Tuesday, March 10, 2009

Virtual environments for social skills training

Virtual environments for social skills training: comments from two adolescents with autistic spectrum disorder (click here for PDF file)
Computers & Education, Volume 47, Issue 2, September 2006, Pages 186-206
Sarah Parsons, Anne Leonard, Peter Mitchell

"Two autistic kids...navigating a virtual bus and café."

The purpose of this study by Parsons, Leonard and Mitchell was to explore the effectiveness of a virtual environment (VE) in providing social skills training for people living with autistic spectrum disorder (ASD). Using a qualitative case-study approach, the researchers looked at the responses and behaviour of two British boys diagnosed with ASD. The presence of a facilitator helped the participants activate their avatars in socially acceptable ways by providing feedback and opportunities for discussion.

My response:
I was intrigued by this study because my thesis idea also involves handicapped students learning in a virtual environment (Second Life). In this study, the researchers acknowledge that VEs are being used with ASD clients in social skill development. Because my own "hypothetical" study was to involve a small number of participants and a case-study model, I thought this paper by Parsons, Leonard and Mitchell might give me some insights into the process.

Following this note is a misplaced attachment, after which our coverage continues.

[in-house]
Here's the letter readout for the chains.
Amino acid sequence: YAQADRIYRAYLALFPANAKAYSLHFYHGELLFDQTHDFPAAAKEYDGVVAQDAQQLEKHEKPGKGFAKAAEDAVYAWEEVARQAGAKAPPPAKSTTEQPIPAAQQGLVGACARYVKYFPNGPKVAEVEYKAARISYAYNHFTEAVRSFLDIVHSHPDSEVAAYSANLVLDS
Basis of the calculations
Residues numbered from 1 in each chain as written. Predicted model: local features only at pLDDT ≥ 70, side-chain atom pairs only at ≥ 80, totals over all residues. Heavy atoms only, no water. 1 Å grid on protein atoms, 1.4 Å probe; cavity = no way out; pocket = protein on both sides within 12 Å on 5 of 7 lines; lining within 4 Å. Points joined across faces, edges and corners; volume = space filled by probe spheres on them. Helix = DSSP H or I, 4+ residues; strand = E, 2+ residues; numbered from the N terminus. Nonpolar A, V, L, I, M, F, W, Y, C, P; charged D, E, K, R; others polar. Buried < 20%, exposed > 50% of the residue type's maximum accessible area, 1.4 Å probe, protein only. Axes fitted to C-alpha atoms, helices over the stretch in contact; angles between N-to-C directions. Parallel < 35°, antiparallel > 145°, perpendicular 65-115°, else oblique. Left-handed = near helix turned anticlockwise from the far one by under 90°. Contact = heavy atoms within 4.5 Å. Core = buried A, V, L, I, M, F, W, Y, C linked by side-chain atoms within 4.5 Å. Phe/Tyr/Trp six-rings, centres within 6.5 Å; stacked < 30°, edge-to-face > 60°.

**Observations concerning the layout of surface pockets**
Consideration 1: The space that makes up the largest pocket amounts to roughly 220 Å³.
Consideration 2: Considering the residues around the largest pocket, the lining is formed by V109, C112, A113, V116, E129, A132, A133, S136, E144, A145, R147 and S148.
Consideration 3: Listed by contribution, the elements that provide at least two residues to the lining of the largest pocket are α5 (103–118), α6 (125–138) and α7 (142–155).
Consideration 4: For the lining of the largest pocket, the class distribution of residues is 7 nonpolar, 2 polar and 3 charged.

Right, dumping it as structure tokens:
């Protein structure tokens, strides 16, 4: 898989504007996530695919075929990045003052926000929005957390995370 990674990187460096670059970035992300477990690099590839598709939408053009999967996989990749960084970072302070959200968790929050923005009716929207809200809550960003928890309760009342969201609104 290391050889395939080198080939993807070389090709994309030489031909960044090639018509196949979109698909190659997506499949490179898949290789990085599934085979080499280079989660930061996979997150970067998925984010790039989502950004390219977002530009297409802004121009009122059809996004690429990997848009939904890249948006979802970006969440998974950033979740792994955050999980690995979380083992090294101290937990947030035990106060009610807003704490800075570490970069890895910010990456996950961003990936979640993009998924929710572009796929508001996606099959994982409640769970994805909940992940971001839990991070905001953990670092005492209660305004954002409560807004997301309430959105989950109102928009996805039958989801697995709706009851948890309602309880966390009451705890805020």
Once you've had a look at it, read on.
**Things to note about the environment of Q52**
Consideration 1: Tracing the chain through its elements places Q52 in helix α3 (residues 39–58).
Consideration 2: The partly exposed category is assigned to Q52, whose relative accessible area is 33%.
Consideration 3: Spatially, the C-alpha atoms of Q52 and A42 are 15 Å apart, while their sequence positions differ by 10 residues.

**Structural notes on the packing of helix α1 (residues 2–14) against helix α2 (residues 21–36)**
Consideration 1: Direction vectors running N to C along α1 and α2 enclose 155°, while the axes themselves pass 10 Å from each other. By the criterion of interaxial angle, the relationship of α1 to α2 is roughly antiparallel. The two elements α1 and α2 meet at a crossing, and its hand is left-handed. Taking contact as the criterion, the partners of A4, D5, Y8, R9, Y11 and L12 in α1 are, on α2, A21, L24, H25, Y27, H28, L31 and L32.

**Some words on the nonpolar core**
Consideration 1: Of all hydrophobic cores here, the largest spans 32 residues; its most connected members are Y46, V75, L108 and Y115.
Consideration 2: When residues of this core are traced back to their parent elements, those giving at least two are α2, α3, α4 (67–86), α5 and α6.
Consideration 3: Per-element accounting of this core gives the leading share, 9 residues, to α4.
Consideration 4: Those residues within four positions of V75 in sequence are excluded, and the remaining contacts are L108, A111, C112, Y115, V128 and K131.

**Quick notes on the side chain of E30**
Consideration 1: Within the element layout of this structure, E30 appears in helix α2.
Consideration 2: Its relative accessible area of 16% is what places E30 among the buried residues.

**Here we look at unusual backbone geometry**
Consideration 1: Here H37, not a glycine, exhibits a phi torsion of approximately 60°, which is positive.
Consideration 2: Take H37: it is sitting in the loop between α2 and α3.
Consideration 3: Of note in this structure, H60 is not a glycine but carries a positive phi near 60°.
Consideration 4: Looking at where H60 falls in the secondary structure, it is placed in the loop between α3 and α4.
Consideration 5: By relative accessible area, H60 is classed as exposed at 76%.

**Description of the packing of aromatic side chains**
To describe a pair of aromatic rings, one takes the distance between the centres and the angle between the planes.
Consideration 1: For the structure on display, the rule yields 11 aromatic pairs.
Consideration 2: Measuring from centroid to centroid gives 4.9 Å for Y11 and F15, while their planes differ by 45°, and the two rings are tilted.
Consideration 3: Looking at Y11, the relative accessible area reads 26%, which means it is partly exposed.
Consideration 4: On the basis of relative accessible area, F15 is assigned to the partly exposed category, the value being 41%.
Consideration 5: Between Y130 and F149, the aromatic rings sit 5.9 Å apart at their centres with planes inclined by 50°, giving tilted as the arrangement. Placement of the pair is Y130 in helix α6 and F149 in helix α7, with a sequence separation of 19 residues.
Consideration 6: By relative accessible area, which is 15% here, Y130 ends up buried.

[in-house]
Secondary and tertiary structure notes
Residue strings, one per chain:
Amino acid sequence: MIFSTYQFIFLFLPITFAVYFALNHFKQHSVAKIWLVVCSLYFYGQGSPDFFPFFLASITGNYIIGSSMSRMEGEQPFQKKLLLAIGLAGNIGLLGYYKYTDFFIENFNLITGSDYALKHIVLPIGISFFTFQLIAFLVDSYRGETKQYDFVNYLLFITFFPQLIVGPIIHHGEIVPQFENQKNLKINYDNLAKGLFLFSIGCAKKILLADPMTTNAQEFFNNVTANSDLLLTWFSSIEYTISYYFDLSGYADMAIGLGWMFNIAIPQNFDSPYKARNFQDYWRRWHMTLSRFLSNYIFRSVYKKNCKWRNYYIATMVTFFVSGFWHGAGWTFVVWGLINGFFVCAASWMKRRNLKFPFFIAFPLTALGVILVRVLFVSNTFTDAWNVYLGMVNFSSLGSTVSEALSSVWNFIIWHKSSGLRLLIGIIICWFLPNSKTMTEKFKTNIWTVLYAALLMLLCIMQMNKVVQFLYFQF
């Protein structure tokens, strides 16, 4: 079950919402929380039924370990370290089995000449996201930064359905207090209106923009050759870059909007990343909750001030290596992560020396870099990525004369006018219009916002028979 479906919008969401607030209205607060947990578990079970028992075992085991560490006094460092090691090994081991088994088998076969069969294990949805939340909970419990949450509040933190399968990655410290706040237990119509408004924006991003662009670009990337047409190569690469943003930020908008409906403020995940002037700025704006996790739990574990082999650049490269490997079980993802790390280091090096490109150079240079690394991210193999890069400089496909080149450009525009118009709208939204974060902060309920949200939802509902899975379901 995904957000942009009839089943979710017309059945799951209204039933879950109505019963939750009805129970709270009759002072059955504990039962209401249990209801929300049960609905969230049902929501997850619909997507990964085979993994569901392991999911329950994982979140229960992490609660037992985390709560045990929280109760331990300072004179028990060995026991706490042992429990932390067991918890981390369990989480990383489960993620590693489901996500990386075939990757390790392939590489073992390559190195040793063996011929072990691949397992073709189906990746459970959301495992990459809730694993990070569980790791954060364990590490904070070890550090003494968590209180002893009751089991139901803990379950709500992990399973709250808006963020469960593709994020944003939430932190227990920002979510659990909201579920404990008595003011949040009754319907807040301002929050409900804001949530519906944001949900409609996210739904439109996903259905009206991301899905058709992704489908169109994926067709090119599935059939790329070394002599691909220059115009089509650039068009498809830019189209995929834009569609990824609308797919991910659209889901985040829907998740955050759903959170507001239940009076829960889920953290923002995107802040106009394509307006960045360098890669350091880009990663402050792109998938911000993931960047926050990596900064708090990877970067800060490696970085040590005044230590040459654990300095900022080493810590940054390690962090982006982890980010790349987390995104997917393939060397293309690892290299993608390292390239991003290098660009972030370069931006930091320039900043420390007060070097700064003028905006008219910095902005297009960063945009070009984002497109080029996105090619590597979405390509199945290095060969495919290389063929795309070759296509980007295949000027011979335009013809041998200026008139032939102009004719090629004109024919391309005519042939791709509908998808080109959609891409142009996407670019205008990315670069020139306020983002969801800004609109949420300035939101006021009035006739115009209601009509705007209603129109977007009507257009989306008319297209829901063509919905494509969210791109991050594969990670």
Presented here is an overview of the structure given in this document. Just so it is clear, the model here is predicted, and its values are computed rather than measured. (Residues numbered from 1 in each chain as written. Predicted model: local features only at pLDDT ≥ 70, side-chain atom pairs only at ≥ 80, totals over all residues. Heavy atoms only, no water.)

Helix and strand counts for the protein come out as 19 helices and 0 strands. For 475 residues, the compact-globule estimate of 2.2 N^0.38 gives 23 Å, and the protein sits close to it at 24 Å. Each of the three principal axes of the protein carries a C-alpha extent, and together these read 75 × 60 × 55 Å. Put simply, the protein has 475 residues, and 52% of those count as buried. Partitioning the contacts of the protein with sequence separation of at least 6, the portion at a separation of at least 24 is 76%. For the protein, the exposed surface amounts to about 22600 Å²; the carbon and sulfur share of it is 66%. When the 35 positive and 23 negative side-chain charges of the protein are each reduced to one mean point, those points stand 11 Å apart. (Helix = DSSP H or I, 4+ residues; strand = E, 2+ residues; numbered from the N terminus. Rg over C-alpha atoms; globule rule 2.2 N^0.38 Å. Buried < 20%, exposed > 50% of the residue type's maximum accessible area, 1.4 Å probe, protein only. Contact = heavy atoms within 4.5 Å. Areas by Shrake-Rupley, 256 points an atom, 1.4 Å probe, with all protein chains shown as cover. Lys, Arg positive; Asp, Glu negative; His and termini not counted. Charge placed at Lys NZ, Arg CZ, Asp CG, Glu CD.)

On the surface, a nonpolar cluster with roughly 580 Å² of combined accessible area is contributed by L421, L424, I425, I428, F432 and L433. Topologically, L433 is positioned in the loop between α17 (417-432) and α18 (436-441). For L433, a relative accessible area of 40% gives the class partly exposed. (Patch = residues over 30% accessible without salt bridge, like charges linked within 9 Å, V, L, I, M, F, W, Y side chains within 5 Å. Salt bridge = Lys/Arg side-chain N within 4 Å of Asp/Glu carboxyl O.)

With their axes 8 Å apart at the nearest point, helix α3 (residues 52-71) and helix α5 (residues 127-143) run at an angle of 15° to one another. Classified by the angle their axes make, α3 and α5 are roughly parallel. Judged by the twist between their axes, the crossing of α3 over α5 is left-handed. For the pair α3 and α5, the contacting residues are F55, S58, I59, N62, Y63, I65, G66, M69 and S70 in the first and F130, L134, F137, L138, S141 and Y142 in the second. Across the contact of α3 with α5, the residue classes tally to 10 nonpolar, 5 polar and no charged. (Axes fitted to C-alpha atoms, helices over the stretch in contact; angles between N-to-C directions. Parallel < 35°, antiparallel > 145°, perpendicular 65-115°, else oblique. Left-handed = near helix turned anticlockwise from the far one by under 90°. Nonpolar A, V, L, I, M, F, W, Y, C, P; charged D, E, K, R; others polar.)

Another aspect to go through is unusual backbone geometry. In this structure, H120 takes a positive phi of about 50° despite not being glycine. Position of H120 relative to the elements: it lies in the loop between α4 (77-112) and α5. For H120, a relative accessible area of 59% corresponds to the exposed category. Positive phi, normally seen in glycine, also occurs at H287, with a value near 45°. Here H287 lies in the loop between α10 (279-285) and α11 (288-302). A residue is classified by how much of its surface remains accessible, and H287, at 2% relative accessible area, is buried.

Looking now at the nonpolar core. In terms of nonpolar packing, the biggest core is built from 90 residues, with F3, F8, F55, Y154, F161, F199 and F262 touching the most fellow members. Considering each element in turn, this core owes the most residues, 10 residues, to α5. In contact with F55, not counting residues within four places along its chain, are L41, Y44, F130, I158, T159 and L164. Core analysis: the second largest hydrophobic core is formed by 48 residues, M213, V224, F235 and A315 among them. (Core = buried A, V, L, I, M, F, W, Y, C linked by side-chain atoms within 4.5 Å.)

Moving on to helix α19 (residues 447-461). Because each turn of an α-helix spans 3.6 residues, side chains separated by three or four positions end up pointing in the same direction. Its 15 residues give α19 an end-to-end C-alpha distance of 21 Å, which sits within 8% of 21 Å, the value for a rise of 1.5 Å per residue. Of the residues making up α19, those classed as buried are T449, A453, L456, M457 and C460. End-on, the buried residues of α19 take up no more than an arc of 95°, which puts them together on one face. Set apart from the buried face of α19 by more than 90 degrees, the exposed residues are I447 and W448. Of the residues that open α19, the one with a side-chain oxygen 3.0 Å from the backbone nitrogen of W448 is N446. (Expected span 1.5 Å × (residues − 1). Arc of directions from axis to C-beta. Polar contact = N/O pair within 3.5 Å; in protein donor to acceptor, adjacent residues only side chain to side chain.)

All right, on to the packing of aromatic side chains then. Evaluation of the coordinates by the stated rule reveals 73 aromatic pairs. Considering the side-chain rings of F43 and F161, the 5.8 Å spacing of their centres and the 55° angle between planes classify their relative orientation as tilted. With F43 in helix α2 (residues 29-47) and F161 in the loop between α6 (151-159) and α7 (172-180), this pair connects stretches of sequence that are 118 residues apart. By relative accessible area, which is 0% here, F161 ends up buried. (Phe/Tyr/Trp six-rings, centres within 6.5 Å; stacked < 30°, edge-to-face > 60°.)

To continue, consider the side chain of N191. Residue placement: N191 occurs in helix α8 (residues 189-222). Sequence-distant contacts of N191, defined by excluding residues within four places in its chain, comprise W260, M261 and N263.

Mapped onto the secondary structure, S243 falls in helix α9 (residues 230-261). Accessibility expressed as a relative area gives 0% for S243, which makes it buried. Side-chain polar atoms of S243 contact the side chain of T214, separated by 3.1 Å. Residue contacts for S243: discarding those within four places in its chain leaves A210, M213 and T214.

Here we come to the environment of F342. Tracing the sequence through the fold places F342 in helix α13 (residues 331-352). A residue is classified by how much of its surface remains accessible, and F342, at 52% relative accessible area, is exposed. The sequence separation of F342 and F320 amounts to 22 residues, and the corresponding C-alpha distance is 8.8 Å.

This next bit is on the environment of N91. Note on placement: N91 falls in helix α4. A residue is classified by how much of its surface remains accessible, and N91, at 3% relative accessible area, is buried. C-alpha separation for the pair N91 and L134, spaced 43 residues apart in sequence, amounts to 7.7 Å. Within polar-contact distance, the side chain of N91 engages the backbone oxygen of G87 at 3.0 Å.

The two adolescents were led through a virtual café visit (with 4 levels of busy-ness) and a virtual bus trip (with 5 levels of crowdedness.) The students had to make choices about where to sit, what questions to ask and how to behave in a socially acceptable manner. While there was some evidence of repetitive behaviour and "game play" mentality, the boys did make some progress.

The focus here really was on the facilitator-participant interaction. The researchers hoped to show that value of this approach was not to abandon the students in front of a computer program, but to guide them, with multiple opportunities to "retry" until they could be successful. Would they treat the experience as artificial with no connection to the real world, or would this be a true learning opportunity whose lessons could be applied to real life situations? (What I found interesting was that in the follow-up interview with "John", he indicated that he was able to put some of the principles he learned into practice, while the other participant ("Mike") showed no such initiative.)